The returning Devon County Show has been branded a 'big success' by organisers after last year's edition was cancelled.
This weekend's event was the first agricultural show in the UK to include live animals since the pandemic started.
The show is said to be worth £10million to the local economy.
Show Manager, Sam Mackenzie Green, said 90 per cent of tickets were sold in advance and it has helped offset the losses faced in 2020.
"It’s heartening to know that the success of this year’s Show will go a long way towards offsetting the losses the Association faced in 2020 after the cancellation of the County Show.
"This helps to secure the future of our wonderful event for all those who love it.
"We are so impressed with the way everyone dealt with the Covid-imposed rules and regulations this year. Even on Sunday, when it was raining and people were dashing for cover, it was reassuring to see people immediately put on their masks, as if it is now second nature."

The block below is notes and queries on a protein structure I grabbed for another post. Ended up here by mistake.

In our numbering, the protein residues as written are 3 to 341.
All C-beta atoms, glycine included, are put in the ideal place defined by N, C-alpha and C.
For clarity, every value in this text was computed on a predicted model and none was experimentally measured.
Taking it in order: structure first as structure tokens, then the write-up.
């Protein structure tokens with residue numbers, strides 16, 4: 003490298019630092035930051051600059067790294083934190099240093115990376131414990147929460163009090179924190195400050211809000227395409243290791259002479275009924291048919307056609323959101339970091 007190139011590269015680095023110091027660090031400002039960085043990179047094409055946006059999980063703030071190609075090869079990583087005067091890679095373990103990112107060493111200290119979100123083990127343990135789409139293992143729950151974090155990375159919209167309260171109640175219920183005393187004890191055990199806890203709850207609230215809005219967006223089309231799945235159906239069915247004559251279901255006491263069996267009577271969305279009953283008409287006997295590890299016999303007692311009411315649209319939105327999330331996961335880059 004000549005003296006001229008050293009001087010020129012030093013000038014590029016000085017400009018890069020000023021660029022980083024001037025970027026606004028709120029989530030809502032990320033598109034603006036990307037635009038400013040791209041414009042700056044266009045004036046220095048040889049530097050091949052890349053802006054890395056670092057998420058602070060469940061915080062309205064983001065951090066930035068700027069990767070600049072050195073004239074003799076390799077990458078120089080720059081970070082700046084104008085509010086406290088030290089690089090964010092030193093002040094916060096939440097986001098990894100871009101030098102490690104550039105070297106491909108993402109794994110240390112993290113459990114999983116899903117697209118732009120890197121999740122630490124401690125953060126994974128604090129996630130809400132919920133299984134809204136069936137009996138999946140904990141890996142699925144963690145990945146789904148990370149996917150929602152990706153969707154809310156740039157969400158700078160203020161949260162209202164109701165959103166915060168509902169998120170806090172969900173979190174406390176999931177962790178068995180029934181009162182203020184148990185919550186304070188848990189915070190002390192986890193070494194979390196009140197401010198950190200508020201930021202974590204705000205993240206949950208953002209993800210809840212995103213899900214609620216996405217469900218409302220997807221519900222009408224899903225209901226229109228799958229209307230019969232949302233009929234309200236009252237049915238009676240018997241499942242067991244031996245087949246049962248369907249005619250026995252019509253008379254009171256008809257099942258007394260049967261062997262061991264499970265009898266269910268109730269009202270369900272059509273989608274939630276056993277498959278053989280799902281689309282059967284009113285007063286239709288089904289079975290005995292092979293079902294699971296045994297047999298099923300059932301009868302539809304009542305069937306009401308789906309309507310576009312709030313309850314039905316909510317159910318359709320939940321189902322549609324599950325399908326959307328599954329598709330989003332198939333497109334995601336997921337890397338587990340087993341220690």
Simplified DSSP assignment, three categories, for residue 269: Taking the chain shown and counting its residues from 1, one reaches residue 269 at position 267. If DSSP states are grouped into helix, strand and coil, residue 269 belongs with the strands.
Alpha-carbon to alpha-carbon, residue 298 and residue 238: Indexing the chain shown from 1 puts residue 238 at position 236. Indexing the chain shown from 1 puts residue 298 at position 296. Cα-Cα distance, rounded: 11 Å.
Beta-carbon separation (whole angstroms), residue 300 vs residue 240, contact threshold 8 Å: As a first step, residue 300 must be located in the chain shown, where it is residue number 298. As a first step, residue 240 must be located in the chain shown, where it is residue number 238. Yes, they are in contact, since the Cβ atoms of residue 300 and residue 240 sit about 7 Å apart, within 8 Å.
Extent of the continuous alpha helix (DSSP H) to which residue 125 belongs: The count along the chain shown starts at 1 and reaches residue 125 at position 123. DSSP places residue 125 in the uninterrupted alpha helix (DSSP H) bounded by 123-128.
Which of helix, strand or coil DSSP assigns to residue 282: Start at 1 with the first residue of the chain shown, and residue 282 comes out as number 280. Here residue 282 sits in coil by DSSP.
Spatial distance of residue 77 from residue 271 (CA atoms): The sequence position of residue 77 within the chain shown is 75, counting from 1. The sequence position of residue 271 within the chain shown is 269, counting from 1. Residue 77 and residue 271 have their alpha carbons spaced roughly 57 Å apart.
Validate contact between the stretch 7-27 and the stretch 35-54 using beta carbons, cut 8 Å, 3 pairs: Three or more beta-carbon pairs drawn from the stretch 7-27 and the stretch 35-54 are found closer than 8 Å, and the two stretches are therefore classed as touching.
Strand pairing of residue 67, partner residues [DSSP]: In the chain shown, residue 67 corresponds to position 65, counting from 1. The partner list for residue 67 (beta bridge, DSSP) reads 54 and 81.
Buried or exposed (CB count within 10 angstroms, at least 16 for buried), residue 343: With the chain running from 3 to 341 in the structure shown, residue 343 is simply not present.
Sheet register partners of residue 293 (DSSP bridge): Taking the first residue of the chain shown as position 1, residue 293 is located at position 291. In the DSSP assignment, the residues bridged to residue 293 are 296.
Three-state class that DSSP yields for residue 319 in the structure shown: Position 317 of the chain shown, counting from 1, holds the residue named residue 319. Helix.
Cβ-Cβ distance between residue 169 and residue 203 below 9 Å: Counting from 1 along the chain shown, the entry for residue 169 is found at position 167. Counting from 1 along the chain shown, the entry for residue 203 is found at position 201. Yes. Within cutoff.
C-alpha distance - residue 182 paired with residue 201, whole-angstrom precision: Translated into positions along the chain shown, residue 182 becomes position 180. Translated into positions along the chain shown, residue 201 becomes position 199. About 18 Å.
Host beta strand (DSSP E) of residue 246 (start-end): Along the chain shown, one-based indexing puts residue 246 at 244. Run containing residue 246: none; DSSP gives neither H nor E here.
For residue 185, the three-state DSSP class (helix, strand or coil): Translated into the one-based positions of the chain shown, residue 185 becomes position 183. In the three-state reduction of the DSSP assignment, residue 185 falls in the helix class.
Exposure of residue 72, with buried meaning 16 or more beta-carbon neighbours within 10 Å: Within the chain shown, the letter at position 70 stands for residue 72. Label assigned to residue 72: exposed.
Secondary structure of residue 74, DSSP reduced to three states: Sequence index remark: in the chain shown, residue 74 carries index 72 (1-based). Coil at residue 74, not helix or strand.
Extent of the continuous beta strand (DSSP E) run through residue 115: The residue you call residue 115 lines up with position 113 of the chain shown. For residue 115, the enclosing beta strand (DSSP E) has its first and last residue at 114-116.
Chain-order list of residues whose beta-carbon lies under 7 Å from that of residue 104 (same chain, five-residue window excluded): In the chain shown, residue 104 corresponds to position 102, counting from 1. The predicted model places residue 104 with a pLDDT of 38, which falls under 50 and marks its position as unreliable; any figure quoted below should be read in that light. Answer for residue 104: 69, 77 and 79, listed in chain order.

Richard Maunder is Chief Executive of the Devon County Agricultural Association and has been involved with the show for around a decade.
He says this year's event has been "the most challenging Show we have ever had to put on".
"In all the time I have been here, it’s never been quite such a difficult sell. In normal circumstances, traders are queuing up to take part. But this year has been very different.
"Small businesses have suffered badly, people are still on furlough, staff numbers have been cut – all valid reasons for not being able to attend.
"But as a result of the incredible effort of the Show team, we managed to recruit 500 trade stands for the Show this year – an average number for a normal year but a splendid turnout, given the circumstances."